Robert Plant and Alison Krauss, “Raising Sand”On the coattails of Emmylou Harris and Mark Knopfler’s genre-busting “All the Roadrunning” collaboration comes “Raising Sand,” the intriguing pairing of Led Zeppelin’s Robert Plant with bluegrass queen Alison Krauss. Produced by T Bone Burnett, who contributes his keen knack for proffering compelling, off-the-beaten-path tunes, the CD traverses multifarious roots styles, from country (the heart-rending Gene Clark waltz “Through the Morning, Through the Night”) to Kurt Weill-like balladry (Sam Phillips’ enchanting “Sister Rosetta Goes Before Us”) to haunting melody (Tom Waits and Kathleen Brennan’s “Trampled Rose”) to folk rock (the Plant/Jimmy Page beauty “Please Read the Letter”). Key to the magic is the delicious harmony vocals of the unlikely duo, best displayed on the swaying “Killing the Blues,” given trad-country depth by steel pedal ace Greg Leisz.
Juanes, “La Vida Es ... Un Ratico”This album’s pensive name and introspective title track belie a project with stronger rock undertones and more outright romanticism than previous Juanes efforts. What remain are the memorable melodies guaranteed to become hits and the distinctive guitar riffs, but with a decidedly more pronounced edge. The lyrics, which have always been a Juanes strong suit, are more developed and often gorgeous. “Minas Piedras,” a duet with Argentine rocker Andres Calamaro, boasts a barcarolle rhythm that underscores the sadness of land-mine devastation, while “Bandera de Manos” has German rock star Campino singing in German and Spanish. Those yearning for more along the lines of Juanes’ world hit “La Camisa Negra” can get a good dose of Colombian folk on “Tres.”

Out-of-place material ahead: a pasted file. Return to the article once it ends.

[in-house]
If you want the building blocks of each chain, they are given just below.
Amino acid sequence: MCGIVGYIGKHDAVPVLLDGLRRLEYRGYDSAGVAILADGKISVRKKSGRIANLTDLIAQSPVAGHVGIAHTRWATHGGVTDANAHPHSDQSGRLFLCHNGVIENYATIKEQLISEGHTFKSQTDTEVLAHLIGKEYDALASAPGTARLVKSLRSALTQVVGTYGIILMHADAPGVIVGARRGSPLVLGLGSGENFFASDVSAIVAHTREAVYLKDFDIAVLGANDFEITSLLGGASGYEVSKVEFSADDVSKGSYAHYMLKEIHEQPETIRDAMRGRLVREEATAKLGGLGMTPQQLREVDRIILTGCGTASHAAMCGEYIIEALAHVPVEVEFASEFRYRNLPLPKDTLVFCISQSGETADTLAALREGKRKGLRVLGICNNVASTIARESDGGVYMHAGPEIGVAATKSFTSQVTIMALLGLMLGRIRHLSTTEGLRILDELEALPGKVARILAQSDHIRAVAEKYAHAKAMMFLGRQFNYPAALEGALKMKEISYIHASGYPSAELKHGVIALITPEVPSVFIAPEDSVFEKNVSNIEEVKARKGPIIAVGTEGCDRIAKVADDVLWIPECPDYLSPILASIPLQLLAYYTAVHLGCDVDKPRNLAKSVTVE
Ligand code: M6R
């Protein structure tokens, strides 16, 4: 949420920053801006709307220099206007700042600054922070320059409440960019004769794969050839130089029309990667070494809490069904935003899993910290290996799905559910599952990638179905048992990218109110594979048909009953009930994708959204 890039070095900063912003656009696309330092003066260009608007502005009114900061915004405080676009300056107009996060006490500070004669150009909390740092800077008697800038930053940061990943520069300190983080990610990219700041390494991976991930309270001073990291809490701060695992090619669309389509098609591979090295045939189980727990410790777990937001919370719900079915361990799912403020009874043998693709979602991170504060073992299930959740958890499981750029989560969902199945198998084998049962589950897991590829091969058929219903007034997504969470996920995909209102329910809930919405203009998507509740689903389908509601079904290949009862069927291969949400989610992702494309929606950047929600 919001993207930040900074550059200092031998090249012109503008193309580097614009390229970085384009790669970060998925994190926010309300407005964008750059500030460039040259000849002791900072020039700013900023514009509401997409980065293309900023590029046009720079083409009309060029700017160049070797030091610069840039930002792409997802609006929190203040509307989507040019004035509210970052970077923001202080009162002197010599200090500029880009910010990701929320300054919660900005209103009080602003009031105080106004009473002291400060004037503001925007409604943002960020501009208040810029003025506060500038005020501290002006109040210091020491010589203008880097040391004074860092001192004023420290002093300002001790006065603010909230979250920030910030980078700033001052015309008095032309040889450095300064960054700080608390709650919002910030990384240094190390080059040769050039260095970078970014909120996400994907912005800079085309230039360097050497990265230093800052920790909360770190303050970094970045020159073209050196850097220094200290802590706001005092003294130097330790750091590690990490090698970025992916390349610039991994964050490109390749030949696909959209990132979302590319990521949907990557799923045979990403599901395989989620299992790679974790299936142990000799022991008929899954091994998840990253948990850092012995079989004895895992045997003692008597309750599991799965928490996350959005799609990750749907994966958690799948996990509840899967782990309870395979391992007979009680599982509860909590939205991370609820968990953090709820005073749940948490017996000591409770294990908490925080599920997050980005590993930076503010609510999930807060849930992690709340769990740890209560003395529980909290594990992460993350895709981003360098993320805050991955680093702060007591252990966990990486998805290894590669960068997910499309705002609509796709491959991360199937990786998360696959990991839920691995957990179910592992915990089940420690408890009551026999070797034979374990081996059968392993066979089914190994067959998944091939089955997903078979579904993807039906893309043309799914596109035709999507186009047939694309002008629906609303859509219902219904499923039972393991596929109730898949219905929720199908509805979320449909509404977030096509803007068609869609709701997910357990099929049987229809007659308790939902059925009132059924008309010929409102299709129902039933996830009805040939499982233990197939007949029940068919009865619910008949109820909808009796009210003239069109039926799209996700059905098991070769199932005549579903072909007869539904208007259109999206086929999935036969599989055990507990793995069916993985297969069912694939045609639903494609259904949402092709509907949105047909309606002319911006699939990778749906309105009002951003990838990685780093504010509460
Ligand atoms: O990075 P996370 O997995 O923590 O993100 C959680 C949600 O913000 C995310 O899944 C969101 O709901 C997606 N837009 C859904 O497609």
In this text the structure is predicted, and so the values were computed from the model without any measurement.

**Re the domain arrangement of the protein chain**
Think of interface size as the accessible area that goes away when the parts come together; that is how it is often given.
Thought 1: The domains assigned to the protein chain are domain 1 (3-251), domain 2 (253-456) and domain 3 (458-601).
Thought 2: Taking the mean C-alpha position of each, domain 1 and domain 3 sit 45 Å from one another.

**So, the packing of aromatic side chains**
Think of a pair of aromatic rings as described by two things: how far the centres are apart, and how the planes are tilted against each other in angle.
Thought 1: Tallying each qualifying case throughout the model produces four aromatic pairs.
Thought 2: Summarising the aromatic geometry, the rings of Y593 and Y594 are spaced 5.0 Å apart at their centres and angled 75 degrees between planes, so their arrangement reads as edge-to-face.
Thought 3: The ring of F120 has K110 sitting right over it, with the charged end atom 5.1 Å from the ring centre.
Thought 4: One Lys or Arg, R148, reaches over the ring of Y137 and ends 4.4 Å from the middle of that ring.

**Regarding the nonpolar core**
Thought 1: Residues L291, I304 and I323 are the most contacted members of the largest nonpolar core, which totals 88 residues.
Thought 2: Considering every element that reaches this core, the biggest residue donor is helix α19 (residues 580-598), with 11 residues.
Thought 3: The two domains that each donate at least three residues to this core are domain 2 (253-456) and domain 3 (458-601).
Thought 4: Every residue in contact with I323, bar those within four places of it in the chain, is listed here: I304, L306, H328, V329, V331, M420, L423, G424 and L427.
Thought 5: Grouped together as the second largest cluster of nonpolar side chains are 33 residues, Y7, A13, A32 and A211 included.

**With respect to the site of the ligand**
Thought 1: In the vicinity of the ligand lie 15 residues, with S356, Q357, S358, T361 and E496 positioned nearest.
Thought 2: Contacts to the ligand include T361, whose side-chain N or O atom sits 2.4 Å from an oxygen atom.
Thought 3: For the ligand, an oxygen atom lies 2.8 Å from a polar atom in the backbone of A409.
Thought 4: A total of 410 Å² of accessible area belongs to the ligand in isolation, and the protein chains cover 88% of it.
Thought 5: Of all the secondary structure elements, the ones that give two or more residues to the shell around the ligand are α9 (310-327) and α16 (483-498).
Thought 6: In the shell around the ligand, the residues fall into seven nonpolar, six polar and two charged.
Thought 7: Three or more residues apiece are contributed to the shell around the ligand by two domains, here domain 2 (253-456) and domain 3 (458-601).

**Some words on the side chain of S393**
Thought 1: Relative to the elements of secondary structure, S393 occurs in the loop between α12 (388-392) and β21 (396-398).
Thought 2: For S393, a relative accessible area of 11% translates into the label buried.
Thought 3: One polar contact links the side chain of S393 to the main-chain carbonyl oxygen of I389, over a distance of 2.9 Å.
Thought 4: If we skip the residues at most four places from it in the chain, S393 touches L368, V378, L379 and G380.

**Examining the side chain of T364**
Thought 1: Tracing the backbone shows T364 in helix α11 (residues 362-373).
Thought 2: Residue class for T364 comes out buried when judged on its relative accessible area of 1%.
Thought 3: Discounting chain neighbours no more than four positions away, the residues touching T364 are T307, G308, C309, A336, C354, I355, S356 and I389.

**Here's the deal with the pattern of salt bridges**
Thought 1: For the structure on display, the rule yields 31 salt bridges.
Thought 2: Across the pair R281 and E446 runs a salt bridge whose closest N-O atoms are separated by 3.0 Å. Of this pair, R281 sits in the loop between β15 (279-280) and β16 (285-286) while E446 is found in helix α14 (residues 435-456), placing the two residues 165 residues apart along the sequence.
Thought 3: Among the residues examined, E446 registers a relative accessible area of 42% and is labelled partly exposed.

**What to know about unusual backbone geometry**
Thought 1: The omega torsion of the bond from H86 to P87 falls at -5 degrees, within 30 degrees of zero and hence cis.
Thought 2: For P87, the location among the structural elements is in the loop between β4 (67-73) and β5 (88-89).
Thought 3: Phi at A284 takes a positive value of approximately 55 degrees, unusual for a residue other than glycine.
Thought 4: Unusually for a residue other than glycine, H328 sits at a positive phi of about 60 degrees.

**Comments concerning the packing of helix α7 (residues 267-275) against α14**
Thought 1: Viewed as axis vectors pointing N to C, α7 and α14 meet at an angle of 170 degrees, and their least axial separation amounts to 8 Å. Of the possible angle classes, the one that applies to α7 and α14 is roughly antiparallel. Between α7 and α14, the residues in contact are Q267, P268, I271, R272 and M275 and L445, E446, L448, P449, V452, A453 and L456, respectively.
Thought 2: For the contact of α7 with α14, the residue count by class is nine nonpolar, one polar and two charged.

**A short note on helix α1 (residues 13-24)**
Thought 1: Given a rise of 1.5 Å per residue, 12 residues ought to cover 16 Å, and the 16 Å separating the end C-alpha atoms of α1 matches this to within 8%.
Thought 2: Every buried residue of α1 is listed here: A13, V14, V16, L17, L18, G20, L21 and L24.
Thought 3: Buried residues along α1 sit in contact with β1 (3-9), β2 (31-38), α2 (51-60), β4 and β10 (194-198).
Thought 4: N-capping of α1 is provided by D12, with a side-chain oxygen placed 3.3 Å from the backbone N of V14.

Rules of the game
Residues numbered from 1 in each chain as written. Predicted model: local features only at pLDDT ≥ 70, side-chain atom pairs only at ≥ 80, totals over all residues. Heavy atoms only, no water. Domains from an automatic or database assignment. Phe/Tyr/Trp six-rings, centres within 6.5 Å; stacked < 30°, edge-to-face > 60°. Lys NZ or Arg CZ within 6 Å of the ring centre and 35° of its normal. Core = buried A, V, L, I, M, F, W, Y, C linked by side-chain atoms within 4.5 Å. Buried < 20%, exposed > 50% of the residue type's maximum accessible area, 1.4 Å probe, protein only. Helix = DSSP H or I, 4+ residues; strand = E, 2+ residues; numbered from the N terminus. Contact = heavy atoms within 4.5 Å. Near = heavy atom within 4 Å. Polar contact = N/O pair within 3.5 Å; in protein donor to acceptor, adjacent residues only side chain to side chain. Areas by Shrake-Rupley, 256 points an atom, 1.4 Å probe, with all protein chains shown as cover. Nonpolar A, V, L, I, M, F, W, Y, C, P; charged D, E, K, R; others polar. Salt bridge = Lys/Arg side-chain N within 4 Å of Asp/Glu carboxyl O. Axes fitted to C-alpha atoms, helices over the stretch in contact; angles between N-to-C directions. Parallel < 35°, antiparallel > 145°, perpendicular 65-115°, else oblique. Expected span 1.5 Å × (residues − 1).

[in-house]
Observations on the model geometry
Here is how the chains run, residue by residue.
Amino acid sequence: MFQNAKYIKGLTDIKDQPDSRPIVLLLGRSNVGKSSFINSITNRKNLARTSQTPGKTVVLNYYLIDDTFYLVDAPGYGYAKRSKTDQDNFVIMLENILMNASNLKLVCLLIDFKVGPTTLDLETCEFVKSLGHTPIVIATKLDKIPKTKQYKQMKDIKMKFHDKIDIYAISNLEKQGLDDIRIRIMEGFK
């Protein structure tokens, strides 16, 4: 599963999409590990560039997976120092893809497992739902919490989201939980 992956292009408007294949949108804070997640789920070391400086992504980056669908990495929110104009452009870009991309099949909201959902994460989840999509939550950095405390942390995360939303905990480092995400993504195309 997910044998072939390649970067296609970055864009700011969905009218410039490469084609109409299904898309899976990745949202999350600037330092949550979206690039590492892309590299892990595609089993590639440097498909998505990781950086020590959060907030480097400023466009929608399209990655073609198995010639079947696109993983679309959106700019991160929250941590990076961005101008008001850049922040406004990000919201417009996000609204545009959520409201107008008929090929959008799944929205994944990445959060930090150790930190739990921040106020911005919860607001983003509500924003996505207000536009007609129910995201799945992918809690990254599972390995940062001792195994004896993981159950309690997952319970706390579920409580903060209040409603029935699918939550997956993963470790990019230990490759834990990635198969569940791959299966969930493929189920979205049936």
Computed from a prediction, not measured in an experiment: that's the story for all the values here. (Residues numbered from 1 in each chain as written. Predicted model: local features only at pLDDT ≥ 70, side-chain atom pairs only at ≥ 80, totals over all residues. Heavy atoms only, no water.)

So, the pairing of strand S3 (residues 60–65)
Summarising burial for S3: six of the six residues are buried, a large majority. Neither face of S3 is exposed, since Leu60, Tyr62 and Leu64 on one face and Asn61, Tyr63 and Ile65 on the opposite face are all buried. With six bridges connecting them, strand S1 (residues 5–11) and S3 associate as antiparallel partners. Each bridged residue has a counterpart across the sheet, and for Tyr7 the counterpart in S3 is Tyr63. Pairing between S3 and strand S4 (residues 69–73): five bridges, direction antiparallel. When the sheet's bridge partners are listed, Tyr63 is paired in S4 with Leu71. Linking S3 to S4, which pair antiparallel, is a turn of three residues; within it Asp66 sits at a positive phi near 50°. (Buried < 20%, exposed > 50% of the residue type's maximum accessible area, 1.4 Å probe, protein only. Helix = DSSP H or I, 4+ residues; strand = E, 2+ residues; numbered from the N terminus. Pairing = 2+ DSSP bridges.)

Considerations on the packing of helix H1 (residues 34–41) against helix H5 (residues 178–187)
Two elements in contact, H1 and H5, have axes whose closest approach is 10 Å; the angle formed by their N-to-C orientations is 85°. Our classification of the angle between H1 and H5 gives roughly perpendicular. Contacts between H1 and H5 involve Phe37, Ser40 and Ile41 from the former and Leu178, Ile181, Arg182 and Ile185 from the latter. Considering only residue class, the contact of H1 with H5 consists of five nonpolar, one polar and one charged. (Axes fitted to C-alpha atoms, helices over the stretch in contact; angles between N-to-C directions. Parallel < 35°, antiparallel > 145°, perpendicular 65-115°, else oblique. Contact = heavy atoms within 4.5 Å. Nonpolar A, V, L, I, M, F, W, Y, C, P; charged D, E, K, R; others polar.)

Neil Young, “Chrome Dreams II”If Neil Young has been consistently inconsistent throughout his career, he is rarely as all-over-the-map on the same album as he is on “Chrome Dreams II,” named in reference to a 1976 album that never materialized. The humble, sweet strummer “Beautiful Bluebird” conjures the mid-’70s acoustic classic “Comes a Time”; the steel guitar-soaked “Ever After” recalls the pure country of “Old Ways”; and “Ordinary People” and “No Hidden Path” — which together clock in at nearly 33 minutes — offer an electric swirl of “Greendale,” “Broken Arrow” and ”After the Gold Rush.” It’s a hodge-podge that presents Neil the fighter, Neil the philosophizer, Neil the husband, Neil the softie and Neil the hippie. “Ordinary People” is the dividing line: a rambling, piano- and horn-encrusted portrait of America sure to be loved and hated equally. Overall though, is the album better than “Prairie Wind” or “Living With War”? Yes.
Carbon/Silicon, “The Last Poet”“The Last Poet” is the sound of Mick Jones excited again about music. As such, it’s exactly the kind of record his diehards expect from him, one full of accessible guitar rock with plenty of melodic solos, singable choruses and conscious, sweetly idealistic lyrics. Sparked by his production work with the Libertines, his songwriting reunion with former Generation X guitarist Tony James (Carbon/Silicon’s other driving engine) and the passing of Clash bandmate Joe Strummer, Jones displays enthusiasm on this album the likes of which he hasn’t shown in 15 years. It’s a melange of his loves for glam, punk and pop through which Jones sounds full of the ideas, determination and the sheer thirst for fun that he had at 25.